Thousands celebrated the end of a year’s campaigning against mass migration on Monday night at the Patriotic Europeans Against the Islamisation of the West (PEGIDA) rally on the banks of the river Elbe in Dresden, Germany.
Relocated from their usual spot outside the Dresden Semper Opera house, which the city council had awarded instead to a much smaller anti-PEGIDA demonstration, the protest took place instead on the banks of the Elbe river.
Following the form established at the end of 2014, when PEGIDA was still only in its infancy but already attracting crowds of more than 17,000, the supporters of the movement gathered on Monday night to sing Christmas carols and listen to speeches. Published on the PEGIDA website in advance, attendees were asked to print extra copies of the carols in the programme to bring for older supporters who might not enjoy “familiarity with computers and printers”.
In the speeches, PEGIDA founder and leader Lutz Bachmann criticised the decision to prevent the organisation from meeting outside the railway station, because that is where Jews and other political enemies of the Third Reich has been deported from during the 1930s. He said there were no similarities between the PEGIDA movement and Nazism, despite what the mainstream media might say.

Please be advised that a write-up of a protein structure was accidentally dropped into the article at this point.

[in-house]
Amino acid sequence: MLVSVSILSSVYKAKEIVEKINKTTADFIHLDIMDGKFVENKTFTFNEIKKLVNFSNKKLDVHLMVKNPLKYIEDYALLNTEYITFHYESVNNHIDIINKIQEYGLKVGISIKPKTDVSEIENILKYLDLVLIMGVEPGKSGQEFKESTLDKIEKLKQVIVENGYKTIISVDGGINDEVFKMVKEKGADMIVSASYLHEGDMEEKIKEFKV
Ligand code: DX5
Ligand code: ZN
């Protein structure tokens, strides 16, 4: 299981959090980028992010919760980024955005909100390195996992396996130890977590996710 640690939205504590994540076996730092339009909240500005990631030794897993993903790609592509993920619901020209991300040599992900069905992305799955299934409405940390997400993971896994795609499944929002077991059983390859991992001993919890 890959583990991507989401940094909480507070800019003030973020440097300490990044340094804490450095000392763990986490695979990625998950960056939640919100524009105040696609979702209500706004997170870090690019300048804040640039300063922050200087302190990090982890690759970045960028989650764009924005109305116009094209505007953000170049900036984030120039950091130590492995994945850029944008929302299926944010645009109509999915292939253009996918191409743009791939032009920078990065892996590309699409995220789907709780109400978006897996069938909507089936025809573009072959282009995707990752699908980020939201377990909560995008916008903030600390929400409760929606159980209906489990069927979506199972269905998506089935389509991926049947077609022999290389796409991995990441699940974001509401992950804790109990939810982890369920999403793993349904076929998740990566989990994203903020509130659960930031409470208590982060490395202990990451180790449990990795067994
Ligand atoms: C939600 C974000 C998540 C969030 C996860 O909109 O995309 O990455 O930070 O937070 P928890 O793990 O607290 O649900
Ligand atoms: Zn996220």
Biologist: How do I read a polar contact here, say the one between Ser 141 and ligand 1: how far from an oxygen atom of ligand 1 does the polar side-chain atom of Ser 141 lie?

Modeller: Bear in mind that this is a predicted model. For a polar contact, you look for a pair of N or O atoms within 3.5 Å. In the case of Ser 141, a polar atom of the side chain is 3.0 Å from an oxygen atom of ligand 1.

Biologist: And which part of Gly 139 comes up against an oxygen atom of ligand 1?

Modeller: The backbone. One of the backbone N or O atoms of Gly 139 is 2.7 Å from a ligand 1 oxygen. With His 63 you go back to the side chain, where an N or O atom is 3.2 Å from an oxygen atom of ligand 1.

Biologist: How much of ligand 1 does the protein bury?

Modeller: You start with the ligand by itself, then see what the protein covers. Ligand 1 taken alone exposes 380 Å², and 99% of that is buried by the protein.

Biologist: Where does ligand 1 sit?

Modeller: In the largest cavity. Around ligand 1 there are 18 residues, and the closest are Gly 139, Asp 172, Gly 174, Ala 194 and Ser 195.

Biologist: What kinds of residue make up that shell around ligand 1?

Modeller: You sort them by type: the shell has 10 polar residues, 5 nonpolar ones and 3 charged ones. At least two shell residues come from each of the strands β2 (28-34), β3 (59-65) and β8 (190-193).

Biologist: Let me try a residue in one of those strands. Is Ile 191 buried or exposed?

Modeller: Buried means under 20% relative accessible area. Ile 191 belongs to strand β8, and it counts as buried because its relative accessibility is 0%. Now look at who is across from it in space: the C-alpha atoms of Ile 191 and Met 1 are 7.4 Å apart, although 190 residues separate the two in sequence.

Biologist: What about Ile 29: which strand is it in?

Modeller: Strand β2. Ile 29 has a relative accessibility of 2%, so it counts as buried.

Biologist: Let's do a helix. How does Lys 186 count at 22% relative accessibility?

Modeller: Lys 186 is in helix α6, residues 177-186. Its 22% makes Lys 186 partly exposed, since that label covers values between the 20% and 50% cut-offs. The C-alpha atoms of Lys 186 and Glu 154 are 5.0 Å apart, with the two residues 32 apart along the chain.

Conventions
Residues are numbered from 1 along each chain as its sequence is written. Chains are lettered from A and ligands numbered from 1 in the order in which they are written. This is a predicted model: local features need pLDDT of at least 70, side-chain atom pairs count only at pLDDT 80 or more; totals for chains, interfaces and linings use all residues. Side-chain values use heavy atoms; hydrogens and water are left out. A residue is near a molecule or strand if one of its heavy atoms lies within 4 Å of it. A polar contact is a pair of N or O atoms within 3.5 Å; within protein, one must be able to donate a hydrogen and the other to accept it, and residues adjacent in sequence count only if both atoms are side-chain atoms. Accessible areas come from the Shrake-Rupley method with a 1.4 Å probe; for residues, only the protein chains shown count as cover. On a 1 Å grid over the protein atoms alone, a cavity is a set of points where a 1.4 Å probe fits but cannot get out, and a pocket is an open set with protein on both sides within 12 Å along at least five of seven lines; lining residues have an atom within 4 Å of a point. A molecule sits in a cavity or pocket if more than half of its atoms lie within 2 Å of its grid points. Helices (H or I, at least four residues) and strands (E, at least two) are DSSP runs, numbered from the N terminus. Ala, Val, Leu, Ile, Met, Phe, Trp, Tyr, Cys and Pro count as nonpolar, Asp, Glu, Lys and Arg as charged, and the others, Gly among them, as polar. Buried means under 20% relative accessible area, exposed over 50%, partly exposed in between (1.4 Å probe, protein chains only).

Also hotly debated was the revelation by the German police this week that just 10 per cent of refugees entering Germany have their identities checked, as forces at the borders are so overstretched they have become incapable of fulfilling their legal duties. Rally organiser Siegfried Däbritz called Angela Merkel the German “Queen of crime” and said she was standing at the bow of the “Titanic Europe”, steering it towards the iceberg.
After the carols, which included Stille Nacht, Thine be the Glory, and Adeste Fideles, the crowd was led in a rendition of the German national anthem.
In the past year the PEGIDA strolling movement has weathered all scandals and road blocks thrown before it by the German establishment and mass media. Public and private buildings including churches turning their lights out when the marches pass by has become a regular feature, as have propaganda campaigns against the group.
Watch: PEGIDA closes for 2015 with the German national anthem: